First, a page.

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Latest Pleistocene Stories

Neanderthal Tools Cultural Differences
2013-08-19 16:17:52

Brett Smith for redOrbit.com - Your Universe Online A new analysis from an archeologist at the University of Southampton in the United Kingdom has revealed distinct cultural differences between two groups of Neanderthals based on the divergent design of stone tools between 115,000 and 35,000 years ago. According to a study by researcher Karen Ruebens, the differences point to a more complex Neanderthal culture than what was previously suspected. "In Germany and France there appears to...

West Antarctica Deglaciation Began Much Earlier Than Thought
2013-08-15 10:21:16

Lawrence LeBlond for redOrbit.com - Your Universe Online One of the deepest ice cores ever drilled in Antarctica is revealing some interesting evidence about the southern continent’s turbulent past and the role Earth’s orbit played in the history of the ice ages. Scientists have known for more than a century that ice ages come and go due to the wobbling of the Earth as it orbits the sun. Increases in the intensity of summer sunlight in the Northern Hemisphere melted the ice sheets...

Bone Tools Found At Two Paleolithic Dig Sites
2013-08-13 06:45:04

redOrbit Staff & Wire Reports - Your Universe Online Researchers working at two neighboring Paleolithic digs in southwestern France have discovered fragments of hide-softening bone tools unlike any previously discovered at Neanderthal sites. Two teams hailing from the Max Planck Institute for Evolutionary Anthropology in Leipzig, Germany, and the Leiden University in the Netherlands jointly reported the discovery of the bone tools – the oldest of their kind ever found in Europe....

Modern Language May Have Roots In Ancient Neanderthals
2013-07-10 05:48:08

April Flowers for redOrbit.com - Your Universe Online As more data accumulates, we are learning that the Neanderthals were much more similar to us than we ever imagined. Scientists are still questioning if they had speech and language, though, and what implications would be for understanding present-day linguistic diversity if they did. A new study from the Max Planck Institute of Psycholinguistics argues that modern language and speech can be traced back to the last common ancestor we...

Climate Change Led To Modern Humans In Stone Age
2013-06-18 19:37:44

Lee Rannals for redOrbit.com — Your Universe Online New evidence suggests that modern humans emerged as the need to find refuge from sudden changes in climate grew. An international team of researchers found that technological innovation and the emergence of culture and modern behavior took place abruptly. They were able to link these pulses of innovation to the climate that prevailed in sub-Saharan Africa during the Stone Age. For the past million years, the global climate...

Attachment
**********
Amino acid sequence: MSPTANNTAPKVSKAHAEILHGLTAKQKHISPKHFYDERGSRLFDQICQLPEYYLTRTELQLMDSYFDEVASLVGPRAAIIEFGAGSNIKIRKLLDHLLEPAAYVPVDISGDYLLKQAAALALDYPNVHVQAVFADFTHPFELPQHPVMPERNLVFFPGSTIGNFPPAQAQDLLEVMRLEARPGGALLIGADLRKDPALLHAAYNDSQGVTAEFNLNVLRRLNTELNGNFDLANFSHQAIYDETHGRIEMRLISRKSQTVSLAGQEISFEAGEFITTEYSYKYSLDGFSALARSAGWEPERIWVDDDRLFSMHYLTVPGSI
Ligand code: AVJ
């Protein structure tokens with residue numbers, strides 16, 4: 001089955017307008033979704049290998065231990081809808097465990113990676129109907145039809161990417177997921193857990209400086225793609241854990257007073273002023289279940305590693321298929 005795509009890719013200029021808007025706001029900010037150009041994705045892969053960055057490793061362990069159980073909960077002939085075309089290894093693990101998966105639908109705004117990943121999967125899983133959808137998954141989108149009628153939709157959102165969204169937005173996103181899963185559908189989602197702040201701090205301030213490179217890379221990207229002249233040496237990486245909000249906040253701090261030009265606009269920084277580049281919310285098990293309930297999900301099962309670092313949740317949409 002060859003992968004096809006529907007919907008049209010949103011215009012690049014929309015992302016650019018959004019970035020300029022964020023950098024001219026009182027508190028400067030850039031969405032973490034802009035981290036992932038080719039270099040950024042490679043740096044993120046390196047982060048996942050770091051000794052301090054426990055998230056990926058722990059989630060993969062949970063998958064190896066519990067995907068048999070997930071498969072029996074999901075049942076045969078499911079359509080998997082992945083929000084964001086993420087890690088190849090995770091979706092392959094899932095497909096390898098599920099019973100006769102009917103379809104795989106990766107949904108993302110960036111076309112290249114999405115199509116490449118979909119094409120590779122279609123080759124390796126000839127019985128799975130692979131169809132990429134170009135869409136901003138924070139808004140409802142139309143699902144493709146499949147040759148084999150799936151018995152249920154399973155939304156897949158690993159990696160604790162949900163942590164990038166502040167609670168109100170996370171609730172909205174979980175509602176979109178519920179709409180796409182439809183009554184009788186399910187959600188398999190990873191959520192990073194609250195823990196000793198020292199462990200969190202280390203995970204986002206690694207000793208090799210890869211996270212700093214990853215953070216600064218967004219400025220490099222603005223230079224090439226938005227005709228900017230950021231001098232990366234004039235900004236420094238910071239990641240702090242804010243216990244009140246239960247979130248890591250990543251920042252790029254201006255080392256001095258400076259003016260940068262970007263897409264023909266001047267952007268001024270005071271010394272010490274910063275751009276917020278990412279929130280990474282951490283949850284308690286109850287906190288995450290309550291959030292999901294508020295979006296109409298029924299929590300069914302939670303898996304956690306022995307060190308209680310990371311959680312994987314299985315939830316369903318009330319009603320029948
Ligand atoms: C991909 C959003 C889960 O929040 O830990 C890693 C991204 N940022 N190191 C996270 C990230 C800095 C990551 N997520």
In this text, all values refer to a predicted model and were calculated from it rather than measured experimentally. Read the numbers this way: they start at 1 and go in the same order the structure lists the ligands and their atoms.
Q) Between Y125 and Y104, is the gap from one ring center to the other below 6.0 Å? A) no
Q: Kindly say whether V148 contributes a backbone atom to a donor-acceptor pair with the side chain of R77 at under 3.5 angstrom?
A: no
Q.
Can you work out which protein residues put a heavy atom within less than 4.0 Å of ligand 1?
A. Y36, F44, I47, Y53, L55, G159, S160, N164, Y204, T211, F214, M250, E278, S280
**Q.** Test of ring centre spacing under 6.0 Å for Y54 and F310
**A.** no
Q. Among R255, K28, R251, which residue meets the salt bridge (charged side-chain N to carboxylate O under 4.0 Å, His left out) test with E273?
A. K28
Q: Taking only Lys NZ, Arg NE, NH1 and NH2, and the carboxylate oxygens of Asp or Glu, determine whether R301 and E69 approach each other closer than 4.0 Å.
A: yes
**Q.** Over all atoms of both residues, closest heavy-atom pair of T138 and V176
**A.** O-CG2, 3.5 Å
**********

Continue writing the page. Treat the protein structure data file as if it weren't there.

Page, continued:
Picky Eating Was Critical In Saber-Tooth Tiger Extinction
2013-05-09 08:46:34

April Flowers for redOrbit.com - Your Universe Online During the Pleistocene epoch, an astounding diversity of large-bodied mammals inhabited the so-called “mammoth steppe” — a cold and dry, yet productive, environment that extended from western Europe through northern Asia and across the Bering land bridge to the Yukon territory. Three types of large predators roamed the steppe during the Pleistocene, wolves, bears and large cats. After the end of the last ice age, only...

Bigger Brains Indicate Hobbit Humans Evolved From Homo Erectus
2013-04-17 07:41:20

Lawrence LeBlond for redOrbit.com - Your Universe Online The hobbit human, a small-statured race that evolved separately from our own ancestor Homo erectus on an island of the Indonesian Archipelago some 50,000 years ago, has been discovered by Japanese scientists to have a bigger brain than once believed. Hobbit humans, named after the tiny folk from JRR Tolkein's novels, are collectively known as Homo floresiensis (Man of Flores). The remains of the ancient humans were discovered on...

Neanderthals Went Extinct Because Of Their Large Eyes
2013-03-13 09:13:33

Lawrence LeBlond for redOrbit.com - Your Universe Online Scientists know that early Humans (Homo sapiens) and Neanderthals (H. s. neanderthalensis) coexisted for a short time before the latter eventually became extinct. While it was understood that humans had better developed brains than their more primitive counterparts, it was generally not well-known why these early ancestors made a grand exit. A new study, published in the journal Proceedings of the Royal Society B, suggests one...